Mastering Strategic Management
Fashionistas instantly recognize the trademark red sole of Christian Louboutin’s high-end shoes.
Wikimedia Foundation – CC BY-SA 3.0.
Trademarks are important to colleges and universities. Schools earn tremendous sums of money through royalties on T-shirts, sweatshirts, hats, backpacks, and other consumer goods sporting their names and logos. On any given day, there are probably several students in your class wearing one or more pieces of clothing featuring your school’s insignia; your school benefits every time items like this are sold.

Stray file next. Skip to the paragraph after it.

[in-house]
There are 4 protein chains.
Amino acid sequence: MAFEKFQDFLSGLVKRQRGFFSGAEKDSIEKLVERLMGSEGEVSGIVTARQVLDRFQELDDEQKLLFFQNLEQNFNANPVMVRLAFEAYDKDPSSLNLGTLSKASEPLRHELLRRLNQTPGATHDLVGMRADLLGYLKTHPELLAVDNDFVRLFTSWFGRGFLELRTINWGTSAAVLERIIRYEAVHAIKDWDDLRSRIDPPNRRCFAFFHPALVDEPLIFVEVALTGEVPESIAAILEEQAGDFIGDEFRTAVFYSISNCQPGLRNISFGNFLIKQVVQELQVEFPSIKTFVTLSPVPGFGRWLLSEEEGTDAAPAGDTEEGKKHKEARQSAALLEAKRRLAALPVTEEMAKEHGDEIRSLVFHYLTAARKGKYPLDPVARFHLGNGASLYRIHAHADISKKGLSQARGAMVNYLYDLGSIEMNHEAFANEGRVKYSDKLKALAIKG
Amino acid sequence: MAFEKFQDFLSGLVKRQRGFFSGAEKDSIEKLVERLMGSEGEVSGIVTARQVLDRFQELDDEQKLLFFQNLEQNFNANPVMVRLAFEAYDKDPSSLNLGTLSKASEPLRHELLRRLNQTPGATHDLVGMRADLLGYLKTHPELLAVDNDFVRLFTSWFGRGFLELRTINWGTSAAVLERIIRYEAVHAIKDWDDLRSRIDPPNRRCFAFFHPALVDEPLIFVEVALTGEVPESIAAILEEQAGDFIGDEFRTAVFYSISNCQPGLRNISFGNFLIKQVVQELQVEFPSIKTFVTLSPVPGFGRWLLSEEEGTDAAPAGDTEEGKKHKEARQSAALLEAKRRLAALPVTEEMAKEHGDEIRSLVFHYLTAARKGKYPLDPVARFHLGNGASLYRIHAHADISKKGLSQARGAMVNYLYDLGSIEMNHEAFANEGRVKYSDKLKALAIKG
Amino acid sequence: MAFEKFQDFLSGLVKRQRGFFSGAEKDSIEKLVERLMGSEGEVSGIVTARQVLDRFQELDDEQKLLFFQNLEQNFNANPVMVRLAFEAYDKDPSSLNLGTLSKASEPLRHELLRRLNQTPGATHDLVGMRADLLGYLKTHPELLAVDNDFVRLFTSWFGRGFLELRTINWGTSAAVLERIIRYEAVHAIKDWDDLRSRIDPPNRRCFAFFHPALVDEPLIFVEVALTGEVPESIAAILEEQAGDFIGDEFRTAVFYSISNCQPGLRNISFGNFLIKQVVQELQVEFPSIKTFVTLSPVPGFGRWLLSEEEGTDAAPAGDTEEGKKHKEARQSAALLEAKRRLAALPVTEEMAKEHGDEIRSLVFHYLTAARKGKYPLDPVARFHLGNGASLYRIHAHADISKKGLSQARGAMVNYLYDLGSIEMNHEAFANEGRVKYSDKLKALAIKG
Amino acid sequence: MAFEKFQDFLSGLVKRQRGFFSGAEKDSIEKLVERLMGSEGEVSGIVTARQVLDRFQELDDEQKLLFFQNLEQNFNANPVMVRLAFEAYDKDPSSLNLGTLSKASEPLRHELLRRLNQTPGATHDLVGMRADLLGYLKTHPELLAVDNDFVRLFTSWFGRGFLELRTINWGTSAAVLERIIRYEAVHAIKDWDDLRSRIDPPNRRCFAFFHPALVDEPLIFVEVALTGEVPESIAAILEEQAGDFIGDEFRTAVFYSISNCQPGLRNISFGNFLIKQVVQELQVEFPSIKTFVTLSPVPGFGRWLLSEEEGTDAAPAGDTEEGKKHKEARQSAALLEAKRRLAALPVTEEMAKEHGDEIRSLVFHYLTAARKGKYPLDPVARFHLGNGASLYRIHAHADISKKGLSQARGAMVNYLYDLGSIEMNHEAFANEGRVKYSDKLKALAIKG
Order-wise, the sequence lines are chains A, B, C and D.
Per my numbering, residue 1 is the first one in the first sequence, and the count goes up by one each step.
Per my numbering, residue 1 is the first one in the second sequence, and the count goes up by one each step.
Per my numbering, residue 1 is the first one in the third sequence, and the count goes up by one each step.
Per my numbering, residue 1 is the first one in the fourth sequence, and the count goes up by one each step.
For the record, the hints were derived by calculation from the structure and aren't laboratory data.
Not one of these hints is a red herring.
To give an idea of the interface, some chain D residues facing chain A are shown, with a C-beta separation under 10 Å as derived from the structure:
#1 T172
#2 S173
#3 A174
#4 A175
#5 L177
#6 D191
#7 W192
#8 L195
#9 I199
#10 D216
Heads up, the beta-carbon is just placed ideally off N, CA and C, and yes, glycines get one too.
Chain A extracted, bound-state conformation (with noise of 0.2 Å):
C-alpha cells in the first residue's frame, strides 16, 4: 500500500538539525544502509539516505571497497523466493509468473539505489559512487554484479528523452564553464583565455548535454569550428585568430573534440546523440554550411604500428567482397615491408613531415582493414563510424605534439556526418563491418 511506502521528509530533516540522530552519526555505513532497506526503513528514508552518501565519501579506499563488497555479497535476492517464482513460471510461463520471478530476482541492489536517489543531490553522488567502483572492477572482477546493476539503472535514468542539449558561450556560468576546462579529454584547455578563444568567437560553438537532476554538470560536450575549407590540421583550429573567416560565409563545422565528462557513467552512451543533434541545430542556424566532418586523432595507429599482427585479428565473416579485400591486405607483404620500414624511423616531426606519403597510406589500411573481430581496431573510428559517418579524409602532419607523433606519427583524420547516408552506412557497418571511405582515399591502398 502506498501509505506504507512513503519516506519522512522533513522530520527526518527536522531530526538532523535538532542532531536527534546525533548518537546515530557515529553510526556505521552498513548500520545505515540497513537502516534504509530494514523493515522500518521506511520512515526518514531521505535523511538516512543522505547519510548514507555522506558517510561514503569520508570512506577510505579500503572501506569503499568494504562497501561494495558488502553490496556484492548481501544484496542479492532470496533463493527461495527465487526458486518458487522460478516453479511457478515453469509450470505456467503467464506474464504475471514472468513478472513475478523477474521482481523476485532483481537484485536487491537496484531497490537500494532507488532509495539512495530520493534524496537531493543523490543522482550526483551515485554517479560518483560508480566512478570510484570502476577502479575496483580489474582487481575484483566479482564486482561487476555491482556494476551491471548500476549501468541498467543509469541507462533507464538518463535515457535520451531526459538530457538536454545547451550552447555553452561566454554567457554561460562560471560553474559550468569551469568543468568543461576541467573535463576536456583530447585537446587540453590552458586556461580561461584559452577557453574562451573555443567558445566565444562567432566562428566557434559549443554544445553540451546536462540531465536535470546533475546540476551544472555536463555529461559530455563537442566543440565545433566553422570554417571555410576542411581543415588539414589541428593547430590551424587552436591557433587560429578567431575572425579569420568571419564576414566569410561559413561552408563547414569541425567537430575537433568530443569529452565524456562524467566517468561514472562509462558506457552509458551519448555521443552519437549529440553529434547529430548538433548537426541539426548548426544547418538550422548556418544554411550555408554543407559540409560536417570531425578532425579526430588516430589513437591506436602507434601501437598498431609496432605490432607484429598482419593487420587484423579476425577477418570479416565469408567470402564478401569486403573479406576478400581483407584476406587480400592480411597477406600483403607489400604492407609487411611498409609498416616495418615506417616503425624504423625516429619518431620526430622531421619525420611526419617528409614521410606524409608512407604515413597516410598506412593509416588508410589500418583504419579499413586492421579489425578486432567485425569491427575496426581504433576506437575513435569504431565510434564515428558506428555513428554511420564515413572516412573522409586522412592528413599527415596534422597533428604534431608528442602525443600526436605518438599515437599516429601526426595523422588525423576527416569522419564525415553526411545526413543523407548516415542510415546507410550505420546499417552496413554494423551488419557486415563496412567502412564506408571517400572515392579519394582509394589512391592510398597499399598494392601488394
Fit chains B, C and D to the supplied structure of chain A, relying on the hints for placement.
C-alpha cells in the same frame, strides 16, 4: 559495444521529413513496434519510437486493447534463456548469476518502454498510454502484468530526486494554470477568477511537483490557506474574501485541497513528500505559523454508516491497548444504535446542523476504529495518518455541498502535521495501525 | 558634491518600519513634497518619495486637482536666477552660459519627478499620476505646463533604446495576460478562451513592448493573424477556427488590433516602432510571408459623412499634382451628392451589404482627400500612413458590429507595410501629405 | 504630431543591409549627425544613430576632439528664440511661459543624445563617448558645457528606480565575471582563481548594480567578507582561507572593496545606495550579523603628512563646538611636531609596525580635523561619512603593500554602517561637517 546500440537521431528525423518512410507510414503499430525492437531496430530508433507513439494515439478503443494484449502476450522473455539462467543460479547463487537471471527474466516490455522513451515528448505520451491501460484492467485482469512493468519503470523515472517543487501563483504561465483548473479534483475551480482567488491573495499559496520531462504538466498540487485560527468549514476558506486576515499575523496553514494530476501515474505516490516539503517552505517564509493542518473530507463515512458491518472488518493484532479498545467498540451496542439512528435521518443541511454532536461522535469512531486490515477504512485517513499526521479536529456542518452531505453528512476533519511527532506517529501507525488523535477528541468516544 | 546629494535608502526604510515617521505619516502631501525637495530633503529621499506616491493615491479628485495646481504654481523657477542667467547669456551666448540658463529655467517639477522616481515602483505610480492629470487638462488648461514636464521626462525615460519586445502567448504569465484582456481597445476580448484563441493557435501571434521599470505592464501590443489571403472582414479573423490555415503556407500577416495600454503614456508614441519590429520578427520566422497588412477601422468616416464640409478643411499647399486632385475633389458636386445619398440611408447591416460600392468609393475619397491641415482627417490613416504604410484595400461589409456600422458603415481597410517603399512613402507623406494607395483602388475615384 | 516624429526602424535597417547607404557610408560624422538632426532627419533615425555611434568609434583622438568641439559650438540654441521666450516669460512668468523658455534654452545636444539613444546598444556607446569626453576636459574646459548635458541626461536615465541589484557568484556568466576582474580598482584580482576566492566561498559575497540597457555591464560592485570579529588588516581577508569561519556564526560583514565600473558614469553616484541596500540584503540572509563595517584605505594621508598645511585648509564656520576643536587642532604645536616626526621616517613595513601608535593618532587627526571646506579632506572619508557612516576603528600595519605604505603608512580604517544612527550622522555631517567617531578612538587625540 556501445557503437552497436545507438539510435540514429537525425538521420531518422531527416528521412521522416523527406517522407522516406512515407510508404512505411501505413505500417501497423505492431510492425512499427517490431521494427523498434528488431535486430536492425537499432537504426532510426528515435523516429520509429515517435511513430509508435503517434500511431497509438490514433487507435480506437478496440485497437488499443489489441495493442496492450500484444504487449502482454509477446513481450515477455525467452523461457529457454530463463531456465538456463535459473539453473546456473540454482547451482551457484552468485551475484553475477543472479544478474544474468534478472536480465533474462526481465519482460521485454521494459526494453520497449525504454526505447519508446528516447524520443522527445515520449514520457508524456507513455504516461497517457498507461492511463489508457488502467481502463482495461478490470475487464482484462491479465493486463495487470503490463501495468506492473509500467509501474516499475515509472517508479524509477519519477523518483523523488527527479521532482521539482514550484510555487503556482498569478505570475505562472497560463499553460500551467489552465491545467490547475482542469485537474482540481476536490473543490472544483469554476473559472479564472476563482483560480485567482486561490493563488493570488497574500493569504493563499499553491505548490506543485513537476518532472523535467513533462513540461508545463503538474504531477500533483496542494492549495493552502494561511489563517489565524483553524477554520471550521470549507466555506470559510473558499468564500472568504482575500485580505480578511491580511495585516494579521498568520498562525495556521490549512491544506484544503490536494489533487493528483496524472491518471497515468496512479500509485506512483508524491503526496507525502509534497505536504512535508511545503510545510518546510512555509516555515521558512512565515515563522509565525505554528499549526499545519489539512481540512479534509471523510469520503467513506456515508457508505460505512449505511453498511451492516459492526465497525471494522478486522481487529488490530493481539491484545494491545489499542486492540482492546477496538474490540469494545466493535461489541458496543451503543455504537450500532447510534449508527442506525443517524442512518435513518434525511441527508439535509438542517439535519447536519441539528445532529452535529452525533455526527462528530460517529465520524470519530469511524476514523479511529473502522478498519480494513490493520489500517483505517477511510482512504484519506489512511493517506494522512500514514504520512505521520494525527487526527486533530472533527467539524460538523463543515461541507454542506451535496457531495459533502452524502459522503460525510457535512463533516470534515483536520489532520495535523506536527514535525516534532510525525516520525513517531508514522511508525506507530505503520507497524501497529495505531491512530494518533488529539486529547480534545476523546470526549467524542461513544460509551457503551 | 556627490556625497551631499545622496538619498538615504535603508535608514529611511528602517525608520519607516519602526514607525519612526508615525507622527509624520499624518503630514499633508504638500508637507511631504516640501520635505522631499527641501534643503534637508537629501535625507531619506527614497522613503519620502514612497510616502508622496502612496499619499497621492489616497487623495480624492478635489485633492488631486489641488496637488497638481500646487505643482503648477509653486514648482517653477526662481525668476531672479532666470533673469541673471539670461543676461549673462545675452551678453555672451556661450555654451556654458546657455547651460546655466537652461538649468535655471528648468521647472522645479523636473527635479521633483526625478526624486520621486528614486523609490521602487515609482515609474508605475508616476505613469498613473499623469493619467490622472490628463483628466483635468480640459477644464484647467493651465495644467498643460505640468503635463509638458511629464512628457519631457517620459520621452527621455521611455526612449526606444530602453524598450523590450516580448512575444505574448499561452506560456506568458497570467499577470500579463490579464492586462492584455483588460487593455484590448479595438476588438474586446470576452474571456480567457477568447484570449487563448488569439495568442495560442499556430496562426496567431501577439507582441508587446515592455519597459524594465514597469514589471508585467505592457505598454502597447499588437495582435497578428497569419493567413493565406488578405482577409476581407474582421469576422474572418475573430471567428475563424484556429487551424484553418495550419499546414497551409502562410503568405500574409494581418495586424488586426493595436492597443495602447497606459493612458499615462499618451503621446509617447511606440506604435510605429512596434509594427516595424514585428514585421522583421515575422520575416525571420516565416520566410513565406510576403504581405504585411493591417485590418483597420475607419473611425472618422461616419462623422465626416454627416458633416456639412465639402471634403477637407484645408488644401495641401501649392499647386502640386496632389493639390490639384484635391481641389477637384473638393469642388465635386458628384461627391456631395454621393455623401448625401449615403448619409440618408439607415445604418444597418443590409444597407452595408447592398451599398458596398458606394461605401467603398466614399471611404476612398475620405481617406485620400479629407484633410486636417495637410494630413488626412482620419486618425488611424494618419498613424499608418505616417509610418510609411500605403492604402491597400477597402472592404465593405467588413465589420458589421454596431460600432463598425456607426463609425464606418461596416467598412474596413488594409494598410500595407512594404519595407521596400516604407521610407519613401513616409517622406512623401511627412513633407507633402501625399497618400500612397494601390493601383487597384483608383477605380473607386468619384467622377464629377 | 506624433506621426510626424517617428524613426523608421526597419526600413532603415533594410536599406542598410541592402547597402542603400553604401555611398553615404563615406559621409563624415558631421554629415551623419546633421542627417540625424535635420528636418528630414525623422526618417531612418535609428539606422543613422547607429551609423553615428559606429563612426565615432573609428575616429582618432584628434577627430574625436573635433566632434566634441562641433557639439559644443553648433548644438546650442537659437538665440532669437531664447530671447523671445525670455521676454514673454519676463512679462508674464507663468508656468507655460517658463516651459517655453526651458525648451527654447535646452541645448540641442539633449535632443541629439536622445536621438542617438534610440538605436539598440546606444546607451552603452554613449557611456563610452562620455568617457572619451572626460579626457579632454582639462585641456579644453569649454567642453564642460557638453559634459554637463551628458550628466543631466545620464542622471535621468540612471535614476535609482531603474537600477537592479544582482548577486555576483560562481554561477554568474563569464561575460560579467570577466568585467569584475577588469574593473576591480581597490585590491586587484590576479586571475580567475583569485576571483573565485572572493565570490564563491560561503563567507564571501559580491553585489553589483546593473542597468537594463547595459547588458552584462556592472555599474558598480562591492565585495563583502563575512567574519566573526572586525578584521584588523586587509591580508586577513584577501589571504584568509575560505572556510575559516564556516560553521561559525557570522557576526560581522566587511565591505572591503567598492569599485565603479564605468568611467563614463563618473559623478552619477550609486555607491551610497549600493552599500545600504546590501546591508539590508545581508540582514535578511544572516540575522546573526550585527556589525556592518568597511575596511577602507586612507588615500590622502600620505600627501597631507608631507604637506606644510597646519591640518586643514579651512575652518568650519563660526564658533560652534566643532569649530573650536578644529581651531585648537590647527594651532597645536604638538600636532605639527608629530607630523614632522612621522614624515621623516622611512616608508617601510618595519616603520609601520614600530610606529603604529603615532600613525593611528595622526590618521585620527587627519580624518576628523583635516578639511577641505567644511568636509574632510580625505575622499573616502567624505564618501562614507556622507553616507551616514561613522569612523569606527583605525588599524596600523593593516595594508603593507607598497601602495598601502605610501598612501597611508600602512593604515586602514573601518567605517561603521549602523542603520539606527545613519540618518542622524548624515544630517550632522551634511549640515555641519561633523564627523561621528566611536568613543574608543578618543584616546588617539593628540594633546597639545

Schools’ trademarks are easy to counterfeit, however, and the sales of counterfeit goods take money away from colleges and universities. Not surprisingly, many schools fight to protect their trademarks. In October 2009, for example, the University of Oklahoma announced that it was teaming with law enforcement officials to combat the sale of counterfeit goods around its campus (Ward, 2009). This initiative and similar ones at other colleges and universities are designed to ensure that schools receive their fair share of the sales that their names and logos generate.
Table 4.7 Trademarks An organization’s trademarks consist of phrases, pictures, names, or symbols that are closely associated with
the organization. Some examples and key issues surrounding trademarks are illustrated below.
4.3 Intellectual Property 124